Dr. Melba K. Wasunna |Strathmore University
Kenya’s extractives sector – covering oil, gas and mining – is booming. There have been recent discoveries of commercially viable resources, like oil and gold. The sector’s contribution to the country’s gross domestic product currently stands at around 1%. But the government expects this to reach 10% by 2030. This suggests there’s still a great deal to be exploited.
To support the sector’s growth, the government recently approved a nationwide geophysical survey that will map the country’s minerals and natural resources. It also enacted a new Mining Act and put forward a new petroleum bill to provide new sector regulation.
But to realise the potential of these resources, more people with the right skills are needed. The number of skilled workers in Kenya’s labour market does not match the extractives sector’s current needs. Although the size of the skills gap in Kenya is unknown because detailed research hasn’t been done, industry sources have made it clear that they are struggling to fill posts. According to a report on Kenya’s petroleum sector, the extractives sector is still dominated by foreign expertise in technical, exploration and production skills.
In Turkana County for example, where most upstream petroleum operations are taking place, the high unemployment rate is linked to the mismatch between workforce skills and new employment opportunities. This challenge is most severe for vocational skills like pipe fitting, welding, drilling and operation and repair of heavy equipment – all in high demand in the energy and natural resource sectors.
If not addressed urgently, the skills gap could inflate the cost of labour because of an over-reliance on foreign experts and compromise energy and mining projects. Industry players need to collaborate and support on-the-job and need-based training.
One major challenge to addressing the skills gap is the lack of quality vocational training. The skills needed in energy and mining sectors in Kenya are usually acquired through informal technical and vocational education and training institutions.
For example Kenya lacks skilled welders who can work on a live oil pipeline. Most polytechnics (higher education institutions with courses mostly in vocational or technical subjects) only offer artisan welding courses. The welding that is done in the petroleum sector is much more complex. This is a huge setback as Kenya hopes to begin crude oil exportation in 2019.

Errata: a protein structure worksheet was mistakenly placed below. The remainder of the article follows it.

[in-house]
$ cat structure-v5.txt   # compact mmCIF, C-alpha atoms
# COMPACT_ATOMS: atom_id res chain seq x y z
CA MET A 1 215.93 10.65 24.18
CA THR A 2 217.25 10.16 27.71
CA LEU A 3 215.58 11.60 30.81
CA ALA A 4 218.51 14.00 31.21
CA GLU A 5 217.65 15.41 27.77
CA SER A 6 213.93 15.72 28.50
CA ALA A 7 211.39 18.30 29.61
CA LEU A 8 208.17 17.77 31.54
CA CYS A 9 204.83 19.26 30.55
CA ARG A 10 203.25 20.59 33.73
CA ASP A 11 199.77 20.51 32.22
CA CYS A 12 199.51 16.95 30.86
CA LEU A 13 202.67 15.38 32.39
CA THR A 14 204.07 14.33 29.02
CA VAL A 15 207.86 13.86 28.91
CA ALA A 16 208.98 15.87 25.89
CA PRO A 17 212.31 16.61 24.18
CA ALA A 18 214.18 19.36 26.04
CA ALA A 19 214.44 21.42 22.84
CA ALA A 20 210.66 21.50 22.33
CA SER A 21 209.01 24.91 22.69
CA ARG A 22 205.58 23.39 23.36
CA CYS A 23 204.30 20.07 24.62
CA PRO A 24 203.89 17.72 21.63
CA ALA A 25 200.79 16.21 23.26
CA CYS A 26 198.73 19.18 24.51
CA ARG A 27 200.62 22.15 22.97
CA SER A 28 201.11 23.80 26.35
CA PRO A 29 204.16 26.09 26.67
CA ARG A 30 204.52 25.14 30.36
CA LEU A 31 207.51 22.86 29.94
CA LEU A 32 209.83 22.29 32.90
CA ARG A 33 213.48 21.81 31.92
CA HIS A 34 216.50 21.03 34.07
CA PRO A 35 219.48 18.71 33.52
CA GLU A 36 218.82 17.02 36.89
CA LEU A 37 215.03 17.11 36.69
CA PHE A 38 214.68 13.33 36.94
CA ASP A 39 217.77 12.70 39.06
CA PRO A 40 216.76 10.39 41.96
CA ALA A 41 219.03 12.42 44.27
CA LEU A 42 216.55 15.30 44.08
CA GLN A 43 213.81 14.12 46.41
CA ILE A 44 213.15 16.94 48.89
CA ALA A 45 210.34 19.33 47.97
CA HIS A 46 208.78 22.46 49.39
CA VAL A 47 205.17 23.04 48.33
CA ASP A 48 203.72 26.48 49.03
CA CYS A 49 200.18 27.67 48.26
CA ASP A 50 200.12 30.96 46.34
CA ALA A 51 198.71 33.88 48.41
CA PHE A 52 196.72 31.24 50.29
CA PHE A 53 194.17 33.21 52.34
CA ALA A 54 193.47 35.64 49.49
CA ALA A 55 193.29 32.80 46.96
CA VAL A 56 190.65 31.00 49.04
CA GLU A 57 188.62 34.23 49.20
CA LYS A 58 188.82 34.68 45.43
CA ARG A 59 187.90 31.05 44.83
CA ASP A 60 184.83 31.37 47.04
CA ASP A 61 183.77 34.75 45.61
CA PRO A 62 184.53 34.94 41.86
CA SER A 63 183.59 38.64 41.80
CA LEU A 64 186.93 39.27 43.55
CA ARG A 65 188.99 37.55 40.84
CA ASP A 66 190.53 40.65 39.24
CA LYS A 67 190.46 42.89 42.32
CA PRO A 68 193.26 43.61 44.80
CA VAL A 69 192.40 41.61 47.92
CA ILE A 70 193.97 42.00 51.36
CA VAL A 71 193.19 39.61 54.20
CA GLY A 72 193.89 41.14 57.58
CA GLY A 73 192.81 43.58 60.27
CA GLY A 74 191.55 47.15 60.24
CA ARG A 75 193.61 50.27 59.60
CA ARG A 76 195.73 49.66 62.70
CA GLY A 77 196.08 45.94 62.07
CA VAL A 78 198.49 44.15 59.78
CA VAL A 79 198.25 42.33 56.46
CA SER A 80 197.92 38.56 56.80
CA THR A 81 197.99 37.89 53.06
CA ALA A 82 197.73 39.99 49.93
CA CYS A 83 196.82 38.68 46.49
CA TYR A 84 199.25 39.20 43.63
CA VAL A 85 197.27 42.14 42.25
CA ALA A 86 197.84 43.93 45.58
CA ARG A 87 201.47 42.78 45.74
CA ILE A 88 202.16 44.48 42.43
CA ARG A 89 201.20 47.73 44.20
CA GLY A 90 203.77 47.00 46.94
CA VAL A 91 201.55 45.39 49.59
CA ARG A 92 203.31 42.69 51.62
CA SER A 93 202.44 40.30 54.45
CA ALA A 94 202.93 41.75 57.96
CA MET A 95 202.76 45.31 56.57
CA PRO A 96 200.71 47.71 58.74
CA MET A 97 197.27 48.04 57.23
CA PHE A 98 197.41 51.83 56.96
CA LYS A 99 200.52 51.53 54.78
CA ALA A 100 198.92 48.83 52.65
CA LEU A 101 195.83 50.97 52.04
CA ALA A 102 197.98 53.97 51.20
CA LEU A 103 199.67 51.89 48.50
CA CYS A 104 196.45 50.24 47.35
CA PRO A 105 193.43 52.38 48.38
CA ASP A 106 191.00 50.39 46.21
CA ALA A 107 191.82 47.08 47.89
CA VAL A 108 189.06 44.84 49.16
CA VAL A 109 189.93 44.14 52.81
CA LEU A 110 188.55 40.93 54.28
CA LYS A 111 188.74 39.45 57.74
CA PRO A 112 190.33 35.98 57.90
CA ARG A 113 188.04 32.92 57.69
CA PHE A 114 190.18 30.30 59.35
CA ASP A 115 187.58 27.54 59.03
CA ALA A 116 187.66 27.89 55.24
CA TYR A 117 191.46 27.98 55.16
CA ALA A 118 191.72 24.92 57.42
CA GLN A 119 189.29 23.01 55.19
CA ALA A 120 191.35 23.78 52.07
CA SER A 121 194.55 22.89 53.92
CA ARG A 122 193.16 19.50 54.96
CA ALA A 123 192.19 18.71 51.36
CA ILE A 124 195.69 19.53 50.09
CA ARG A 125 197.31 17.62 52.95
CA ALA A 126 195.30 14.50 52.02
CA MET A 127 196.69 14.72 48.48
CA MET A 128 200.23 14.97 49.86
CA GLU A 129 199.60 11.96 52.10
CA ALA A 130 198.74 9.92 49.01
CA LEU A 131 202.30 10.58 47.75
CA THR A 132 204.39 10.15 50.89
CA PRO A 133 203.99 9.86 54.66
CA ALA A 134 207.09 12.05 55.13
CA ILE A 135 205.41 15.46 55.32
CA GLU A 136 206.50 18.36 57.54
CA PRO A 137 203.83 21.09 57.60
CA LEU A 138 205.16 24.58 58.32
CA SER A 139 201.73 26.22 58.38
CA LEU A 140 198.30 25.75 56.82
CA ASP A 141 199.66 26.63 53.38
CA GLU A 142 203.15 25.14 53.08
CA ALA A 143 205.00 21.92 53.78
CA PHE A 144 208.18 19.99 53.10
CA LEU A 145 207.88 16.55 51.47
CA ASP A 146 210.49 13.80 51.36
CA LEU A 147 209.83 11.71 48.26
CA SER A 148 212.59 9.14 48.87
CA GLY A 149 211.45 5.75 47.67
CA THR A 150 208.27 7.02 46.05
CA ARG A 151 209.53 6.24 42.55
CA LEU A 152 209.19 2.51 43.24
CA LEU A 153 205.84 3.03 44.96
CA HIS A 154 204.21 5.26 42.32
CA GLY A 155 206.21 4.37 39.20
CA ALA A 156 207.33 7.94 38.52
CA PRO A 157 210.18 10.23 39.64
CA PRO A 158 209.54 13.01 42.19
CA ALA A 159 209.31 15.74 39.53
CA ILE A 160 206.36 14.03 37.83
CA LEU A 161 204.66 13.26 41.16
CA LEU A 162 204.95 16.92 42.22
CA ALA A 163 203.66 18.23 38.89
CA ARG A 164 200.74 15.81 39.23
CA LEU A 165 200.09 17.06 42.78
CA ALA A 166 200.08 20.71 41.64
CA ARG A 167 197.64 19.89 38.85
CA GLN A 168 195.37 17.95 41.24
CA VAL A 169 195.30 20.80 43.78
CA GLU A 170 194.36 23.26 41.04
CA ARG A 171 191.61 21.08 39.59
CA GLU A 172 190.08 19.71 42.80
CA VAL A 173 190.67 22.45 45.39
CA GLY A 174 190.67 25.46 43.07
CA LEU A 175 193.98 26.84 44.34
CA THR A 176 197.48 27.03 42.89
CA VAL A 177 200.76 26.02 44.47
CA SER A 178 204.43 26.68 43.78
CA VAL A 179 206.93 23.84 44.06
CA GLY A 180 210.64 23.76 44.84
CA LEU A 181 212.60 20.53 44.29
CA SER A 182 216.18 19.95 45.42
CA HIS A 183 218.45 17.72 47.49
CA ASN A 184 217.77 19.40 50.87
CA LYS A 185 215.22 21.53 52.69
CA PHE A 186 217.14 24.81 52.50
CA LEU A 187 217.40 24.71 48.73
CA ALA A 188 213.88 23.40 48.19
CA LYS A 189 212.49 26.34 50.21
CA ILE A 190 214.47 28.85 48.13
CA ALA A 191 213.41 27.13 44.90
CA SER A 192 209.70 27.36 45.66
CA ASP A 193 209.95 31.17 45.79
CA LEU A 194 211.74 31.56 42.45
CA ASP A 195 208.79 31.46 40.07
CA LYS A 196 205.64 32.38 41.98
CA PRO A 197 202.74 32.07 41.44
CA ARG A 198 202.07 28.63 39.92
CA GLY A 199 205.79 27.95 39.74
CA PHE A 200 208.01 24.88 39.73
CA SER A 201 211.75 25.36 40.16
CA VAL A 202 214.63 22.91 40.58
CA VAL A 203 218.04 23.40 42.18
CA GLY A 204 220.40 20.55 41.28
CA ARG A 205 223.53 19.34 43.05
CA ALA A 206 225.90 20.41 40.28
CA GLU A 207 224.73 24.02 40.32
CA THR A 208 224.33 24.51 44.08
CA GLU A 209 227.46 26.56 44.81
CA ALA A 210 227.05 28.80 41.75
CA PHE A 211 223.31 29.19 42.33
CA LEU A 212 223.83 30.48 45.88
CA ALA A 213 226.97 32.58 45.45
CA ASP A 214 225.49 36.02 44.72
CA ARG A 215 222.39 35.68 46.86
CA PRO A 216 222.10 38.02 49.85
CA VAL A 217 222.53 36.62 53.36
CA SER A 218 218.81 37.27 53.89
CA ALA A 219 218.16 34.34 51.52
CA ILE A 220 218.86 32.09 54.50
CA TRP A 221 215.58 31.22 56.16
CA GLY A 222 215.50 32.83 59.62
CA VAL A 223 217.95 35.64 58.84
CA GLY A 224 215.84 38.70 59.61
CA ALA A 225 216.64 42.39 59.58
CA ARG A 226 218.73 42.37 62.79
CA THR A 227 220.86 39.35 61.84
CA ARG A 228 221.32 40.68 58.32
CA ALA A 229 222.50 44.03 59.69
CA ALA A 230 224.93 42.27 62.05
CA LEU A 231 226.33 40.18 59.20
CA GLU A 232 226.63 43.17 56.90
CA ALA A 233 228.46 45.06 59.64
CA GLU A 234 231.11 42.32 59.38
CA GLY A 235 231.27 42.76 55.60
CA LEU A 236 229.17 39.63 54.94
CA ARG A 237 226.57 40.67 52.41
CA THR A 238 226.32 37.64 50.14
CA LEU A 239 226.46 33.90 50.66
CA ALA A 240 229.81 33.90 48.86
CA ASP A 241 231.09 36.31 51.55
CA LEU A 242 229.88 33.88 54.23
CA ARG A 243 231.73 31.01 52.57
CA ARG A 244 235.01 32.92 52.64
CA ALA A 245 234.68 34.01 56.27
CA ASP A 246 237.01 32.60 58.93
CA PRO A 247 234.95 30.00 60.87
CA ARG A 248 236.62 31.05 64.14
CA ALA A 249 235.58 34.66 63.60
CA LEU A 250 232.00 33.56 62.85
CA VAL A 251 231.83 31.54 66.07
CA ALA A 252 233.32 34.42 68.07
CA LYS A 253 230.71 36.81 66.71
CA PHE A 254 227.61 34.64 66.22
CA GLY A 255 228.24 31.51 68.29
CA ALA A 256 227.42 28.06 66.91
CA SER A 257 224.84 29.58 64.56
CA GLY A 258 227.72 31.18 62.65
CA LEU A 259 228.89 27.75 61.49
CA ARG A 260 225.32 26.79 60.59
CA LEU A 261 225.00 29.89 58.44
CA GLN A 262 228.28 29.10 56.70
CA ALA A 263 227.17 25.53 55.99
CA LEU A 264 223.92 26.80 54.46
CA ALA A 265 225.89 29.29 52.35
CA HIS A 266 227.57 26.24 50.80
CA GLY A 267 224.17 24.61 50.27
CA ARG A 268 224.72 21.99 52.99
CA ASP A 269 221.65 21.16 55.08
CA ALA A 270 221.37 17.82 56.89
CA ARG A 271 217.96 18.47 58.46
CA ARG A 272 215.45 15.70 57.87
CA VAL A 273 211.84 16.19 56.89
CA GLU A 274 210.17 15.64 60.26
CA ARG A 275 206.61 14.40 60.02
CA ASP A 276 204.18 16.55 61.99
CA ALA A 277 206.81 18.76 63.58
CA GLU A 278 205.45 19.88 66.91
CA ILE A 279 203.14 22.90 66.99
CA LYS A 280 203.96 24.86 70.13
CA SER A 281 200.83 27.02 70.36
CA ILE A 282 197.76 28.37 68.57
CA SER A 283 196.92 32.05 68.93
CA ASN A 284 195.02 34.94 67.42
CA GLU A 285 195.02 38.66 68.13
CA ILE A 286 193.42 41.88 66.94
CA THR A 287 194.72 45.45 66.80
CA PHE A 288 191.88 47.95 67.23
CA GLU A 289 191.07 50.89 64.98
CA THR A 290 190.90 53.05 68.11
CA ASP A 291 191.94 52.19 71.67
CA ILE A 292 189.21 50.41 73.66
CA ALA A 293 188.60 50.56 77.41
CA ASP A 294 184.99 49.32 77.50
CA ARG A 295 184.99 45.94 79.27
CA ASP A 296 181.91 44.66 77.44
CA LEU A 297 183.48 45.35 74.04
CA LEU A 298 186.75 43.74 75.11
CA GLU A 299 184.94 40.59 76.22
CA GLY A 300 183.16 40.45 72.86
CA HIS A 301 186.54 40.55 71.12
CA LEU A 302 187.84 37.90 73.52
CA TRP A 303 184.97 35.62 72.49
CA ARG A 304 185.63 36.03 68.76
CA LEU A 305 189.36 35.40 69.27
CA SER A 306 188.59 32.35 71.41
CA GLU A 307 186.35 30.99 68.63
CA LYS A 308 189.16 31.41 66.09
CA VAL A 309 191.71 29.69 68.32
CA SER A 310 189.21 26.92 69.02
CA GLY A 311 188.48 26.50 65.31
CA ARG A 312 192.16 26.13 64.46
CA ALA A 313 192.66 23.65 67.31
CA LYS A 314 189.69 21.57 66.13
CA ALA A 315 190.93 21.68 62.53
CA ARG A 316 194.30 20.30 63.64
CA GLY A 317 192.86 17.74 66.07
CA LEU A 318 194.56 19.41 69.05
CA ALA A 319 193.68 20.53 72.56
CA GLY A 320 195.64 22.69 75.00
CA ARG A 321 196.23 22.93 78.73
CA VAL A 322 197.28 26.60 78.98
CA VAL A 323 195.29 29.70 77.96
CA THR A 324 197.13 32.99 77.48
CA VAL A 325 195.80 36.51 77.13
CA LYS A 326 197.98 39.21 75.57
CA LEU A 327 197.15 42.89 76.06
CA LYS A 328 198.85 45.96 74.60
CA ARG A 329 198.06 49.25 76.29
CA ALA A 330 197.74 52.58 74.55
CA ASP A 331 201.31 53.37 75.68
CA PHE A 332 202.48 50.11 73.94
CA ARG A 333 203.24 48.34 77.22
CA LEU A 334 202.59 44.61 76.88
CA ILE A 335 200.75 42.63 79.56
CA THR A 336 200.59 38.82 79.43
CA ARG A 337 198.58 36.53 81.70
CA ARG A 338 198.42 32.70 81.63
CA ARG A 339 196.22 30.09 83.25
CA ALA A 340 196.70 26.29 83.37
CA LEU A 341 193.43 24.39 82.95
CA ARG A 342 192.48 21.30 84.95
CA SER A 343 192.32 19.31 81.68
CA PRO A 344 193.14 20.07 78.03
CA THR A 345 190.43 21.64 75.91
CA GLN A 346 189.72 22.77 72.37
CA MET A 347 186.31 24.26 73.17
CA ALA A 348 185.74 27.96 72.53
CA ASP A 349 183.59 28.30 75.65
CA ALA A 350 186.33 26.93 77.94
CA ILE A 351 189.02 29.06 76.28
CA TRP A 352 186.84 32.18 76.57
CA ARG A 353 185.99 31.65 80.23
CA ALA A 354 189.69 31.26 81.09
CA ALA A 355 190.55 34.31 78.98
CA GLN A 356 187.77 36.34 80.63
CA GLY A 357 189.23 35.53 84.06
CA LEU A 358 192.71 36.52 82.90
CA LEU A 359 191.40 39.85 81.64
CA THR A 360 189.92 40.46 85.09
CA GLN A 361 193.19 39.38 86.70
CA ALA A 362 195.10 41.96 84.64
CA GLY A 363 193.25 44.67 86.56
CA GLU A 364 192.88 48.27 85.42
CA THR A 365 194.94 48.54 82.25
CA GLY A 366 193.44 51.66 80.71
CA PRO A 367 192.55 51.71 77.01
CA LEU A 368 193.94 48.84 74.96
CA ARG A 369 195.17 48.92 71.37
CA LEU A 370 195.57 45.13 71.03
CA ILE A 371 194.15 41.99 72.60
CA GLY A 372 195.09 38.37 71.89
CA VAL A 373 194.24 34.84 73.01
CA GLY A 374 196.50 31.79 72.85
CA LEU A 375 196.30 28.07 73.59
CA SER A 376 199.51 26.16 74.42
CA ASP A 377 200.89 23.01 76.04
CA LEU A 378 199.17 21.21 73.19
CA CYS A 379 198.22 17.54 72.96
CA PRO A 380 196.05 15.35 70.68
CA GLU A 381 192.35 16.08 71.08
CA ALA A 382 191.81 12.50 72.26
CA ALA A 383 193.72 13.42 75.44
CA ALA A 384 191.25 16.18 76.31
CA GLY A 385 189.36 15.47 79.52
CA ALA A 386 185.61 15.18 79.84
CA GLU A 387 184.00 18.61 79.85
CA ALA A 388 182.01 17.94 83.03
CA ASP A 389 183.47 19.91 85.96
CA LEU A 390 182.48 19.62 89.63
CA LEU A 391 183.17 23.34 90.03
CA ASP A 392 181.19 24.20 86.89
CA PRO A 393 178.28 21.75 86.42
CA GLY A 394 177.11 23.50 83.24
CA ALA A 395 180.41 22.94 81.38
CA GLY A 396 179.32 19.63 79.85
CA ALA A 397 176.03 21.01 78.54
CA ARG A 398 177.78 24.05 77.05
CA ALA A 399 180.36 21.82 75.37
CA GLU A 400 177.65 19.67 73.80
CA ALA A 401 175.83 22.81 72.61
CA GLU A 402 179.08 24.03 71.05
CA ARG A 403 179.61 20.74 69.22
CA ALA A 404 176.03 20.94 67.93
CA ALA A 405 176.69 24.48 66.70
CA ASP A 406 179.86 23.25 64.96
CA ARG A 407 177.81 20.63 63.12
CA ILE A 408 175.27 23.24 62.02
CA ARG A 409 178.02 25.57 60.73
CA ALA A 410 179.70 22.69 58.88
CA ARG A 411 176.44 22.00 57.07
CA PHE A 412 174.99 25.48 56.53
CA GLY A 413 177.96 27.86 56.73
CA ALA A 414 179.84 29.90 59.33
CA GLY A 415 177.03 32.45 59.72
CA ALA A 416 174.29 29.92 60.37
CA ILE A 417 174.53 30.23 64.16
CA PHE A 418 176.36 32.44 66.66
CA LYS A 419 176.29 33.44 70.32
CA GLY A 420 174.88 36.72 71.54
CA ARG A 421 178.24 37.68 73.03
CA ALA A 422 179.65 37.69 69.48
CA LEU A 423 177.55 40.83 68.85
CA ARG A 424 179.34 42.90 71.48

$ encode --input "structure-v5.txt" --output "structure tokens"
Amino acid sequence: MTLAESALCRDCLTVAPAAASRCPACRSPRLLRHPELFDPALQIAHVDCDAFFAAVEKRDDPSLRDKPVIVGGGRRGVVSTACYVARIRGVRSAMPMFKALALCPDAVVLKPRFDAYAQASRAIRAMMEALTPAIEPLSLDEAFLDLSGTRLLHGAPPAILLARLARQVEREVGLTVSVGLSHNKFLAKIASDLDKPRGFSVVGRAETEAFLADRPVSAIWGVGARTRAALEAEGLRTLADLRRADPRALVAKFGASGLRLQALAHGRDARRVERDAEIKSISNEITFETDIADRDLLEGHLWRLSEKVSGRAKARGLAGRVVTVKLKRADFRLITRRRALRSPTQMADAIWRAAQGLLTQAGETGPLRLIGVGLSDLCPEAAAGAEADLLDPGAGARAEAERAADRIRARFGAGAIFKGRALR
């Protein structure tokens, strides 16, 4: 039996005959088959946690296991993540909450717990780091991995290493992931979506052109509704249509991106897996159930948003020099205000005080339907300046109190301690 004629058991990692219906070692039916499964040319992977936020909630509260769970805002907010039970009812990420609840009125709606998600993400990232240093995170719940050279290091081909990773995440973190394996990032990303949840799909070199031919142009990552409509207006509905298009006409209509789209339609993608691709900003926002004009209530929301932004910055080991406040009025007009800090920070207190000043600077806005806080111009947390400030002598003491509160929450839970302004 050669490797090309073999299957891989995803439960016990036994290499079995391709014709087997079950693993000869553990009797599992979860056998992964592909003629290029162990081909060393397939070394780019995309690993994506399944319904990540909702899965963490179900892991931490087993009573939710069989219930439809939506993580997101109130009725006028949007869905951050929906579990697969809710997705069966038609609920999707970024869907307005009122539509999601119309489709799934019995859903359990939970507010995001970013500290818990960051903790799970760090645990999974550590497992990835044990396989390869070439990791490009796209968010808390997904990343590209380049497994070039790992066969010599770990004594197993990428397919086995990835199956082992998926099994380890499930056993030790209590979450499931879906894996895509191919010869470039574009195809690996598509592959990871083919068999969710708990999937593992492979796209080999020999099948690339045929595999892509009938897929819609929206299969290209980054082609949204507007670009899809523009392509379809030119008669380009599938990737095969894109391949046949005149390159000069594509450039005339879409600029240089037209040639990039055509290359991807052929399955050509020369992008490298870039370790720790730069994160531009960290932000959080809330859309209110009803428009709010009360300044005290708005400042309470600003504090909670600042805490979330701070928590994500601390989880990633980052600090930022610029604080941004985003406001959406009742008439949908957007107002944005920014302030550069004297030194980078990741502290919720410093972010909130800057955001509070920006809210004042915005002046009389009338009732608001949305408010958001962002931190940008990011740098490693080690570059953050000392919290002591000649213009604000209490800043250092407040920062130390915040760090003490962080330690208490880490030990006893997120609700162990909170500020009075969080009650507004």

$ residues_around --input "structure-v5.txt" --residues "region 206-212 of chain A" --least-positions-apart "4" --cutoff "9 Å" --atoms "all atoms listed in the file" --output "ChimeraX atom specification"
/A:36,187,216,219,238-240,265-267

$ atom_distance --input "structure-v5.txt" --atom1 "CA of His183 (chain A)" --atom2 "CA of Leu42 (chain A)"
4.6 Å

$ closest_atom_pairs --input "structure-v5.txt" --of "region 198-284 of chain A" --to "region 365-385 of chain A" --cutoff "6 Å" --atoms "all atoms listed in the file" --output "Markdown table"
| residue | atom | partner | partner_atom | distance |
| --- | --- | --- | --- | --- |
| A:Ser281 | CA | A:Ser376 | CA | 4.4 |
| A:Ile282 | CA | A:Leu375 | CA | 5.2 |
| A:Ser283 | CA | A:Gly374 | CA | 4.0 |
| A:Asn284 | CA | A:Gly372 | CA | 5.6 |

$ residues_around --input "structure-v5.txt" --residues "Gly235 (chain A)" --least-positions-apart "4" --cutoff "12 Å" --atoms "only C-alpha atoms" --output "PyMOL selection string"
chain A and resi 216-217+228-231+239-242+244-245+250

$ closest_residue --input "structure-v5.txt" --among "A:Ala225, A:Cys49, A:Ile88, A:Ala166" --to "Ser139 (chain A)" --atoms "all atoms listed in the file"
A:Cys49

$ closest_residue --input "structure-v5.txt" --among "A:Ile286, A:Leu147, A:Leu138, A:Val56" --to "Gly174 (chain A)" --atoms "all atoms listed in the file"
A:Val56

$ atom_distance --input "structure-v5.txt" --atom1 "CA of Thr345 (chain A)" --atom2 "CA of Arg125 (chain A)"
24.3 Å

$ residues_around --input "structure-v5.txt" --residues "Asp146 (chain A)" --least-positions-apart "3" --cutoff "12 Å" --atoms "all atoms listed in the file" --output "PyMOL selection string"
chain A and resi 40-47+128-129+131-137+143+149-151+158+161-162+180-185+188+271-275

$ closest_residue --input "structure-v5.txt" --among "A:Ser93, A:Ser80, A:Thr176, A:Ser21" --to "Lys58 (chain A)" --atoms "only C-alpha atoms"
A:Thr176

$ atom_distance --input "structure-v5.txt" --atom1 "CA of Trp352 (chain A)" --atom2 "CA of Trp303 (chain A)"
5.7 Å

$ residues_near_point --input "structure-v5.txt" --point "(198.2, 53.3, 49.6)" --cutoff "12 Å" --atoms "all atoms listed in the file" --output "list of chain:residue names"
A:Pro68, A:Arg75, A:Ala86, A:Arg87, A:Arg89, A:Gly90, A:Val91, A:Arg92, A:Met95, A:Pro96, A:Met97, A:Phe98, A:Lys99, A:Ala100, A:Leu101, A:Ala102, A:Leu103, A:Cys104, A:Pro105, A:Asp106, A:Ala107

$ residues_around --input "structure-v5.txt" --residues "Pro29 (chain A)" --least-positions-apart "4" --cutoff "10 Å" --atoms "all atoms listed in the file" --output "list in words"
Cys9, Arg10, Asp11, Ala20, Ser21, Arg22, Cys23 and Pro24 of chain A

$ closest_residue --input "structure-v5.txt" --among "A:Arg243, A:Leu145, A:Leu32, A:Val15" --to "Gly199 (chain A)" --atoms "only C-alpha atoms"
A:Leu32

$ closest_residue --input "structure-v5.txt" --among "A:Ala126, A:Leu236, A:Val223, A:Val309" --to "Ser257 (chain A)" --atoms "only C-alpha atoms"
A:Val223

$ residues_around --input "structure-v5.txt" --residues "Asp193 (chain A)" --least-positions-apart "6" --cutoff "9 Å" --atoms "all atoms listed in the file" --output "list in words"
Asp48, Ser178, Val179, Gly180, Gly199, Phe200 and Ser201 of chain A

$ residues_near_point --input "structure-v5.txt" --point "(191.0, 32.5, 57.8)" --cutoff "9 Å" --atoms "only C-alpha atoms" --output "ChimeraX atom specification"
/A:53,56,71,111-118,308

Kenya has more than 845 accredited technical and vocational education and training institutions, but the courses offered are not aligned with global standards.
There is also demand for workers with more general business skills, including information technology, accounting and project management, as well as geology and engineering skills.
Most universities in Kenya don’t focus enough on practical skills, and there’s a bias towards social sciences.
Because of this mismatch, even when there’s skilled labour, the skills aren’t the right ones, or are inadequate. Employers can’t rely on certificates from formal technical and vocational institutions as a guide to an individual’s actual competencies. Instead they have to verify new recruits’ competencies to determine how much additional on-the-job training is required.
Other challenges include outdated training curricula, inadequate facilities to cater for the large number of students who wish to undertake the vocational programmes and a low quality of teaching staff. This all has a negative impact on the quality of individuals being channelled into the labour market.
Kenya’s situation isn’t unique on the continent. Other resource-rich countries like Ghana, Tanzania and Nigeria are also grappling with a skills gap in the extractives sector. In Ghana the mismatch is primarily caused by training curricula that are developed with no input from key industry players. Nigeria, meanwhile, faces a number of challenges including inadequate funding, teaching and learning facilities and poor governance.
In Kenya there is a way forward. It lies with developing more, specialised training centres. The Kenyan government has been collaborating with some private sector players to implement capacity building initiatives to support the oil and gas industry.
And some private companies like Base Titanium and Tullow Oil Kenya, considered leaders in Kenya’s mining and oil sectors, are taking the lead in professional skills development. This will ensure that curricula, training and standards match the sectors’ market and skills demand. And it will ease the transition from training to employment.
Some higher education institutions are also trying to plug the gap. Strathmore University’s Energy Research Centre, for example, has partnered with specialist centres to offer short courses like energy auditing and technical solar skills. Their approach rests on three pillars: enterprise development, skills development and matching graduates with potential employers. Similarly, Best Bridge College in Nairobi offers renewable energy training like solar installation.
But for these programmes to be successful, curricula must be modelled on global standards. The quality of teachers must also be improved and technical and vocational training institutions need to be equipped with modern tools and materials to ensure a shift from theoretical to practical teaching.